Is it Time to Rebrand Your Small Business?

Five steps to make your rebrand successful

Brand identity is crucial to the success of any small business. A company’s brand identity is more than just a name and a logo, it is the entire collection of experiences your customers and prospects associate with the brand. Building an effective brand identity can set your business apart from competitors, attract your ideal customer segments, and establish brand loyalty within your customer base.

However, it doesn’t serve a small business to develop a brand identity and then blindly hold onto it for dear life. Small businesses must be able to evaluate their brand’s role in the market and the community, and pivot as necessary. In some cases, this means the company must rebrand.

When is it time to consider rebranding?

It is important for a business to recognize when a particular brand identity is no longer serving them. If your current brand is limiting your reach, complicating plans for growth, not attracting your target market or your target market has shifted, it’s time to rebrand. When starting a business, it can be difficult to predict new opportunities that will arise or pinpoint the exact direction your business will go. If your brand can’t be adapted to your growing and changing business, it is probably time to consider something new.

What steps should be taken to make your rebrand successful?

Step 1: Understand your rebranding objectives

To achieve your goals for rebranding, you need to start by having a clear understanding of what exactly you’re trying to achieve. There is a reason (or a few) you’re rebranding. Define your reasoning as thoroughly as possible. This way, you can ensure that the new brand identity you’re developing will benefit your business.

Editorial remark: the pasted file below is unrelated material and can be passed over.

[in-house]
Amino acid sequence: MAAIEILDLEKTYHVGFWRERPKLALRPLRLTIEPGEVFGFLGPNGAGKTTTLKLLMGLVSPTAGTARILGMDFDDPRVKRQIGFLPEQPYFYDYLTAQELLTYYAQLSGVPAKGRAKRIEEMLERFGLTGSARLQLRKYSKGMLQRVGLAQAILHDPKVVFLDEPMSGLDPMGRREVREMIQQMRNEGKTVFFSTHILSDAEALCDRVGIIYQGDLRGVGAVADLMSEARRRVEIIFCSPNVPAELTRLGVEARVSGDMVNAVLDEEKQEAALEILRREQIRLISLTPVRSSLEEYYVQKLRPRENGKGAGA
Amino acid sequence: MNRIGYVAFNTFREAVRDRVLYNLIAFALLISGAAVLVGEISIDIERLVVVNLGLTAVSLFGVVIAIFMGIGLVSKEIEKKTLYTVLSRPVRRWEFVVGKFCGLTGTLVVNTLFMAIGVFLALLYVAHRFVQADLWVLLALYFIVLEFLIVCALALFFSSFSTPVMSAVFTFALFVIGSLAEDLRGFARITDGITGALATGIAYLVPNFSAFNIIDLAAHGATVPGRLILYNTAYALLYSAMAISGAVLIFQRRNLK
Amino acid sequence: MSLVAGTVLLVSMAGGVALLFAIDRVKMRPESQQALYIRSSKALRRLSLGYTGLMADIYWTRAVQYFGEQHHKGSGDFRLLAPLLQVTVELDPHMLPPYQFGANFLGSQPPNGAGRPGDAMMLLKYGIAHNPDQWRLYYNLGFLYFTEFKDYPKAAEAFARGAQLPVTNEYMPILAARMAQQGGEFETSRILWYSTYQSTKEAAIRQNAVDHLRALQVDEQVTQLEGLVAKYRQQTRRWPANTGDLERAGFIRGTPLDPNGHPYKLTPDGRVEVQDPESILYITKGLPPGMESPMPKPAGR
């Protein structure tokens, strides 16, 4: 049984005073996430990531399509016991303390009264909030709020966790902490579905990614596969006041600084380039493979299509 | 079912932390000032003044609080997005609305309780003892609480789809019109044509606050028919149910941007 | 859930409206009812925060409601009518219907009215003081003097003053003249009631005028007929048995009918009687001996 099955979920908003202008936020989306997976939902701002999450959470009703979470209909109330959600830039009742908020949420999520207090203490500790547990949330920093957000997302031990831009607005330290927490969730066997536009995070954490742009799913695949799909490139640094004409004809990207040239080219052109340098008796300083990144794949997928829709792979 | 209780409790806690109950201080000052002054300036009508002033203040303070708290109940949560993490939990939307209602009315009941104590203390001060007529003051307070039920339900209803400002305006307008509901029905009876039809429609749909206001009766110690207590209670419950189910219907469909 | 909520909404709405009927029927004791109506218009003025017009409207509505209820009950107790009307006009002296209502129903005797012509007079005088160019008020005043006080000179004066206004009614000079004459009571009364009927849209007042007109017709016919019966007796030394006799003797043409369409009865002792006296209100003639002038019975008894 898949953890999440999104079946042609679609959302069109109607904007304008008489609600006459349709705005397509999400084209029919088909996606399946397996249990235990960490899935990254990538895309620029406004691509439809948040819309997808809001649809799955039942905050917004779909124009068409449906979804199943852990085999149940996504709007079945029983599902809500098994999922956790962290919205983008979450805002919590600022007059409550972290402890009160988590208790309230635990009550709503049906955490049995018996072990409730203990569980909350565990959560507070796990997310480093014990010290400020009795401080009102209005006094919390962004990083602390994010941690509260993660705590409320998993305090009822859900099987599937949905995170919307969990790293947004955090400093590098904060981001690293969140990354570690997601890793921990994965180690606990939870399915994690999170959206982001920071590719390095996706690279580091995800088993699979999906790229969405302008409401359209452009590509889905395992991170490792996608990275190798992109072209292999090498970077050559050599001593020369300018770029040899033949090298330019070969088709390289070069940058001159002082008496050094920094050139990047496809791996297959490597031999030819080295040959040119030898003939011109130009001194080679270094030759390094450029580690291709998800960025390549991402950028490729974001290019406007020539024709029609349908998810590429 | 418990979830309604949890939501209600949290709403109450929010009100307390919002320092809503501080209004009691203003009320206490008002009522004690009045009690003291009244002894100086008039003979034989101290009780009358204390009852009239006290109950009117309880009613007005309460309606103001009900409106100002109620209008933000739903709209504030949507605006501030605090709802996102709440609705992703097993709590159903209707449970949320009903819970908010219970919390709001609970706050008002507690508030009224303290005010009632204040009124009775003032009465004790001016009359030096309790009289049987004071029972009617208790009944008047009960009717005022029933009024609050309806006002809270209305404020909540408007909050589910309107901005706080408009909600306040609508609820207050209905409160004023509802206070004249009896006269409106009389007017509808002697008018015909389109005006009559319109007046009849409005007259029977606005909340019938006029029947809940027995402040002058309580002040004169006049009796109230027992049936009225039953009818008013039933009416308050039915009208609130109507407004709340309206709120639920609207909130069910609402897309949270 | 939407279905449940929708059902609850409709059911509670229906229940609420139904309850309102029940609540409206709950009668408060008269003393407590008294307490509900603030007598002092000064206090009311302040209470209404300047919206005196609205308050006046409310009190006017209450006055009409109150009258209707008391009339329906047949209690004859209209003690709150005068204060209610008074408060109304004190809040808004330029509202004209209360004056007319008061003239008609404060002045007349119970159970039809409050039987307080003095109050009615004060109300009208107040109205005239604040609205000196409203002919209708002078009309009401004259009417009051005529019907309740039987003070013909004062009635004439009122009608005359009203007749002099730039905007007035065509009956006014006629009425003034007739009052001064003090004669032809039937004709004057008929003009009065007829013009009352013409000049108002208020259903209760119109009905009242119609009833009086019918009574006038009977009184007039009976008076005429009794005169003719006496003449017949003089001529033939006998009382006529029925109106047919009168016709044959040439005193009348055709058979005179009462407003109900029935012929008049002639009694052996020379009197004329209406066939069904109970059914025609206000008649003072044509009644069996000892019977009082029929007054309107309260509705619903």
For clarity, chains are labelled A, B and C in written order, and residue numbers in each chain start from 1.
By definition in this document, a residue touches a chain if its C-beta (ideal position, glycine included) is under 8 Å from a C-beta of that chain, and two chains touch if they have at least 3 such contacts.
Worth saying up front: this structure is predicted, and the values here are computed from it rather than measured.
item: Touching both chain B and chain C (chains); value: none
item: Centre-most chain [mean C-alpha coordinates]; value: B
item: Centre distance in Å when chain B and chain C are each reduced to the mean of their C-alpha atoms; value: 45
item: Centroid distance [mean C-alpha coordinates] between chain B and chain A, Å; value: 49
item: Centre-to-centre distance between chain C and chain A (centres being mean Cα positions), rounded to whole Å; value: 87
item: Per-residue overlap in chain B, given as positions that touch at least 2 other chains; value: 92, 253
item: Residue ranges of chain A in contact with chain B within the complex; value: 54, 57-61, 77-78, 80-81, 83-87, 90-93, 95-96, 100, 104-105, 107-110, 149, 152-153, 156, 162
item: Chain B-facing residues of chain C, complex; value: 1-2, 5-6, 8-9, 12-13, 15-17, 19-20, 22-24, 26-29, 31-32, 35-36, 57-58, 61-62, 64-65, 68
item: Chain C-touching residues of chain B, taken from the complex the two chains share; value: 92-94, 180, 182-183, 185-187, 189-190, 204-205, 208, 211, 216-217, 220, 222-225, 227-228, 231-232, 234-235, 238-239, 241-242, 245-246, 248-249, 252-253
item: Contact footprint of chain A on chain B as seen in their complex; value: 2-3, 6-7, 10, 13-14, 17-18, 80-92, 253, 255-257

Step 2: Do the research

Gather information on your target markets and competitors. Make sure you know what your customers want and are attracted to. Also, find out as much as possible about the brand positioning of your competition so your brand can be properly differentiated. Once you’ve gathered some information, you’ll have an easier time making sure your new branding truly conveys your intended message.

This first step ends with the development of your new business name or identity. Keep in mind your audience and the business’ long-term goals. This is a great time to find out what employees, industry thought leaders and the community think about your intended direction. It will be helpful to gather a wide variety of initial impressions your new name or logo evoke, especially among you target demographic.

Step 3: Create consistency

This step is about ensuring your new brand is strong and defined. Rebranding can be as simple as an update of your current brand, or as substantial as an entirely different name, logo, and direction for the company. Either way, it should be clear how your rebranding is different and improved. Before it’s time to roll out the new brand, make sure you have considered how the new branding affects each aspect of your business.

Has your business’ mission statement or values changed? How will rebranding affect how you use social media and other marketing channels? These questions are important to answer before introducing your new brand to set yourself up for a successful transition and to ensure that your new branding will help your business achieve its objectives. 

This step includes the development of brand colors, values, and characteristics. Define your brand as completely as possible, so you can pull those brand elements through in your digital presence, as well as the other ways you interact with customers.

Step 4: Roll out your rebrand intentionally